Topic: National Fire Protection Association
State Farm® urges consumers to be cautious when frying a turkey
Bloomington, IL – On Thanksgiving there are more cooking fires than any other day of the year. Grease and cooking-related claims more than double on Thanksgiving Day compared to an average day in November according to State Farm.
With the popularity of turkey frying increasing, U.S. fire departments are responding to more than 1,000 fires each year in which a deep fryer is involved. The National Fire Protection Association (NFPA) says deep fryer fires cause an average of 5 deaths, 60 injuries, and more than $15 million in property damage each year.
Nashville, TN – A portable fire extinguisher can be a helpful piece of safety equipment when it comes to putting out a small fire, but the Tennessee State Fire Marshal’s Office reminds Tennesseans that extinguishers have limitations.
Because fire grows and spreads so rapidly, the number one priority for residents during a fire incident is to get outside quickly and safely.
Nashville, TN – Young firesetters cause hundreds of deaths and injuries each year according to the National Fire Protection Association (NFPA). Preschoolers and kindergartners are most likely to start these fires, typically by playing with matches and lighters, and are most likely to die in them.
The State Fire Marshal’s Office warns Tennesseans of the risk associated with children and fire-starting items, especially novelty lighters.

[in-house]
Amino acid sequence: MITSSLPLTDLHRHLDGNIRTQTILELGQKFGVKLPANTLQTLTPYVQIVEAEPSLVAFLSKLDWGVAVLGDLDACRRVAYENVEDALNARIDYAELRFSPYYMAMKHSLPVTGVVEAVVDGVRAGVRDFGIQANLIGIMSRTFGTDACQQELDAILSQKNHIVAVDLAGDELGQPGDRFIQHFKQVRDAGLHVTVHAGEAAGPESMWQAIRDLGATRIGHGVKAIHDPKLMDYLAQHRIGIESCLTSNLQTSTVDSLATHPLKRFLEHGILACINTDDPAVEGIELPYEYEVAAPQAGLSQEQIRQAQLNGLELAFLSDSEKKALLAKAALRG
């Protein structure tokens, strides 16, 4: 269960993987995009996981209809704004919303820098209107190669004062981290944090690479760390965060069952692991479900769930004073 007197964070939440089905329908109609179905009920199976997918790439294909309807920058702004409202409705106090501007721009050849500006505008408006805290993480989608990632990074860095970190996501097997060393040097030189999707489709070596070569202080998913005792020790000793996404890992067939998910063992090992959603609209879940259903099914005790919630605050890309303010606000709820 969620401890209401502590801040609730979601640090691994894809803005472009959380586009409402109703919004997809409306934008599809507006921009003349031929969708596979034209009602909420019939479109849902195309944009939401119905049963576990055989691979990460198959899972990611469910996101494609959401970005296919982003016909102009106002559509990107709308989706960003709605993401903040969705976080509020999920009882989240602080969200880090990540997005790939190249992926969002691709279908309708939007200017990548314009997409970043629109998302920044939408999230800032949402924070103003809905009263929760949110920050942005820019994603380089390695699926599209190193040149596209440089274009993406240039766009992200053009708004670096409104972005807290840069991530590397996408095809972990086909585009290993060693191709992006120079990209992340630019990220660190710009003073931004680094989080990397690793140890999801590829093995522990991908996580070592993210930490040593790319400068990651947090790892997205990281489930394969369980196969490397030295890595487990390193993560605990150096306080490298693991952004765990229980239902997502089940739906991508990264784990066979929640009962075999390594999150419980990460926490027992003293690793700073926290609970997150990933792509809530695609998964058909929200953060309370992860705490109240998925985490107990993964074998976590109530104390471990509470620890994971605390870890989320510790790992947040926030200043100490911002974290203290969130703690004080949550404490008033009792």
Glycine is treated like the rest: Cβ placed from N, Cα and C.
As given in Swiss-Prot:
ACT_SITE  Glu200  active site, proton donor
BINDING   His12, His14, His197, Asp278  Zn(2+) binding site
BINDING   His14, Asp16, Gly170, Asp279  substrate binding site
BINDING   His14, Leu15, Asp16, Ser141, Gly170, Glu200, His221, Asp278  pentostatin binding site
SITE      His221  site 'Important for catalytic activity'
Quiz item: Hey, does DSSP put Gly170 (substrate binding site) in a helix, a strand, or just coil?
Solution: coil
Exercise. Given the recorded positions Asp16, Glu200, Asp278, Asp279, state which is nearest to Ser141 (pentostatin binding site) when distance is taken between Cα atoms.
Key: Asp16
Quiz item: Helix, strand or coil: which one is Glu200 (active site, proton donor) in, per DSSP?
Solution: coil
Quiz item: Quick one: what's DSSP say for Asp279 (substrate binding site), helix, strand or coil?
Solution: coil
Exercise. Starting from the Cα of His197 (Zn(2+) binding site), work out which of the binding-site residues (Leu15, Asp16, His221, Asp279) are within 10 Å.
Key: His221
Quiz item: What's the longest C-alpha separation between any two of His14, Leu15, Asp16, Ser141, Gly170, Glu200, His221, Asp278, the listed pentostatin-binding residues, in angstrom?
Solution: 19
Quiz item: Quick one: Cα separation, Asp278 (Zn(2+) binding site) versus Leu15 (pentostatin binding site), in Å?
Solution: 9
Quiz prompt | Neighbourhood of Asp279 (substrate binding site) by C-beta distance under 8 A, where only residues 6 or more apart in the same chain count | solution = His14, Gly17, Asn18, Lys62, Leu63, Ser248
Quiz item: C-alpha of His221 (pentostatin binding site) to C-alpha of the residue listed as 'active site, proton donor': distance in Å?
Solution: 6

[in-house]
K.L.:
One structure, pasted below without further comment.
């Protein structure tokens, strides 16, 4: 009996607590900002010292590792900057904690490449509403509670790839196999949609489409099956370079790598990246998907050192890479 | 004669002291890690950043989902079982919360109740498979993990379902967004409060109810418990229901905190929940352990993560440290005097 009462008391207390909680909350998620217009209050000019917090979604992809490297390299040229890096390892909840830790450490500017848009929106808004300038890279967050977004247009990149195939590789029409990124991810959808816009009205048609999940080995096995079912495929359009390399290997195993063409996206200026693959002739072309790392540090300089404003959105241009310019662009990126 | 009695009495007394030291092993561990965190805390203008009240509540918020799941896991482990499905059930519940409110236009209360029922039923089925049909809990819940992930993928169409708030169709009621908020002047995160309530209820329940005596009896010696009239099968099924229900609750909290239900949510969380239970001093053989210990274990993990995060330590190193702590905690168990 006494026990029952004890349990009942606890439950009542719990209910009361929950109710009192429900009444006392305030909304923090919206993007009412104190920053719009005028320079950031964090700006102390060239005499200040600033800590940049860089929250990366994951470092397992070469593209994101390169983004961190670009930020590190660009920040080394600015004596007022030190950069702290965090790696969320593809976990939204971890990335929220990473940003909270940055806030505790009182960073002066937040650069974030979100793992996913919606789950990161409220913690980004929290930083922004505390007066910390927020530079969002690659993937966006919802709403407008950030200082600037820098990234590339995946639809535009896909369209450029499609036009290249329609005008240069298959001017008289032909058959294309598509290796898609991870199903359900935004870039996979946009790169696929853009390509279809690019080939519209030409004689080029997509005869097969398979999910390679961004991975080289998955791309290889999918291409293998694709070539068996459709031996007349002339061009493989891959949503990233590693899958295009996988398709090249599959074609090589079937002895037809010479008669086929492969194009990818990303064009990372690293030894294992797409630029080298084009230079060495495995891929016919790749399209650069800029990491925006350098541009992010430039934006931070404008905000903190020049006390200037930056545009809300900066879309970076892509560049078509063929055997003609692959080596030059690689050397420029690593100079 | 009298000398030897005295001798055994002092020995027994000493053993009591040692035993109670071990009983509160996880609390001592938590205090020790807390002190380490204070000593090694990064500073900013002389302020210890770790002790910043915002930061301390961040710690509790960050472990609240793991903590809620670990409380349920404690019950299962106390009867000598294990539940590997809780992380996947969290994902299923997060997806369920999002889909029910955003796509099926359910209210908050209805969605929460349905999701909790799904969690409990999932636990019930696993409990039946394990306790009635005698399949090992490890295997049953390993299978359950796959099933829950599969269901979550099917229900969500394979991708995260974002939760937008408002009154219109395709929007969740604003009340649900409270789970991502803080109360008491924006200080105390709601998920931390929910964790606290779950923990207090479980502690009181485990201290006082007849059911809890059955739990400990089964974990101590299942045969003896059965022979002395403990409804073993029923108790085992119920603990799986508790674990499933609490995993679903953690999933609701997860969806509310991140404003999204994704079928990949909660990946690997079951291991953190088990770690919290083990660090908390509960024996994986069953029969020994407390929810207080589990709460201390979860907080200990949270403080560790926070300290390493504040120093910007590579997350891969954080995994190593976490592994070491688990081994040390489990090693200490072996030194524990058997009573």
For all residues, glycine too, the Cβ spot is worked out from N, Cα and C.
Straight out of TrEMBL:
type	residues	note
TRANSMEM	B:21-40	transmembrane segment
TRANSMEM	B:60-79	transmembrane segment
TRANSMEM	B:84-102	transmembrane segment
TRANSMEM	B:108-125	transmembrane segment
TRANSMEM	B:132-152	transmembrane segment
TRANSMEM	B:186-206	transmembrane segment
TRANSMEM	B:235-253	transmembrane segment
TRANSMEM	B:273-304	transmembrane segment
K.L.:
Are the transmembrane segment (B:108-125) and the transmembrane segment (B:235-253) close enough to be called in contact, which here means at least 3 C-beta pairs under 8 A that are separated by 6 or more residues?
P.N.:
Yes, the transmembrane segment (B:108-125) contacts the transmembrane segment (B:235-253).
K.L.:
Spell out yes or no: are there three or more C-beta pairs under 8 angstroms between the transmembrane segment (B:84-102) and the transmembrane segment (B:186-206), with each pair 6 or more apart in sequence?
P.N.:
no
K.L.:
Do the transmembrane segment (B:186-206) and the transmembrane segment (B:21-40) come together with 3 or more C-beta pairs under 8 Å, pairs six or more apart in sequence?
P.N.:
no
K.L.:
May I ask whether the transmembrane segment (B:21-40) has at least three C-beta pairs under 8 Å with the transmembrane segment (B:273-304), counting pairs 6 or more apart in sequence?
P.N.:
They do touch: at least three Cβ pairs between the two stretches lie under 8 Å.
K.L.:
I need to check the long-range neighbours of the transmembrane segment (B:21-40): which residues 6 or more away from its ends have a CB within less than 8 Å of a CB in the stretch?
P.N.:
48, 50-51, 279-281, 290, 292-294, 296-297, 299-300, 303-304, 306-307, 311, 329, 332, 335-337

Novelty lighters resembling children’s toys can attract curious kids who may see these items as fun, but may not recognize them as potential fire hazards. While Tennessee banned the sale of novelty lighters in 2008, these products still represent a potential threat to lives and property.
Nashville, TN – For many Tennesseans, pets provide comfort, friendship, and unconditional love. Unfortunately, a pet can not only be the victim of a home fire, but the unintentional cause of it as well. The Tennessee State Fire Marshal’s Office wants to educate pet owners on important precautions to keep pets, people, and property safe from fire.
“We remind Tennesseans that fire safety is a key component of responsible pet ownership,” said State Fire Marshal and Commerce & Insurance Commissioner Julie Mix McPeak. “Simple preventative measures can and should be implemented to protect pets from the devastating effects of fire.”
Nashville, TN – Decorative and fragranced candles are a popular piece of home décor, but they are also a major concern with fire service professionals and other safety organizations. When used improperly, candles have caused loss of life, injury, and significant property damage. The State Fire Marshal’s Office wants to remind Tennesseans to use candles with care.
“Last year, Tennessee fire departments responded to 63 home structure fires that were started by candles,” said Gary West, Tennessee Department of Commerce & Insurance Deputy Commissioner for Fire Prevention. “These fires caused nearly $4 million in direct property damage, all of which could have been prevented with just a few cautionary steps.”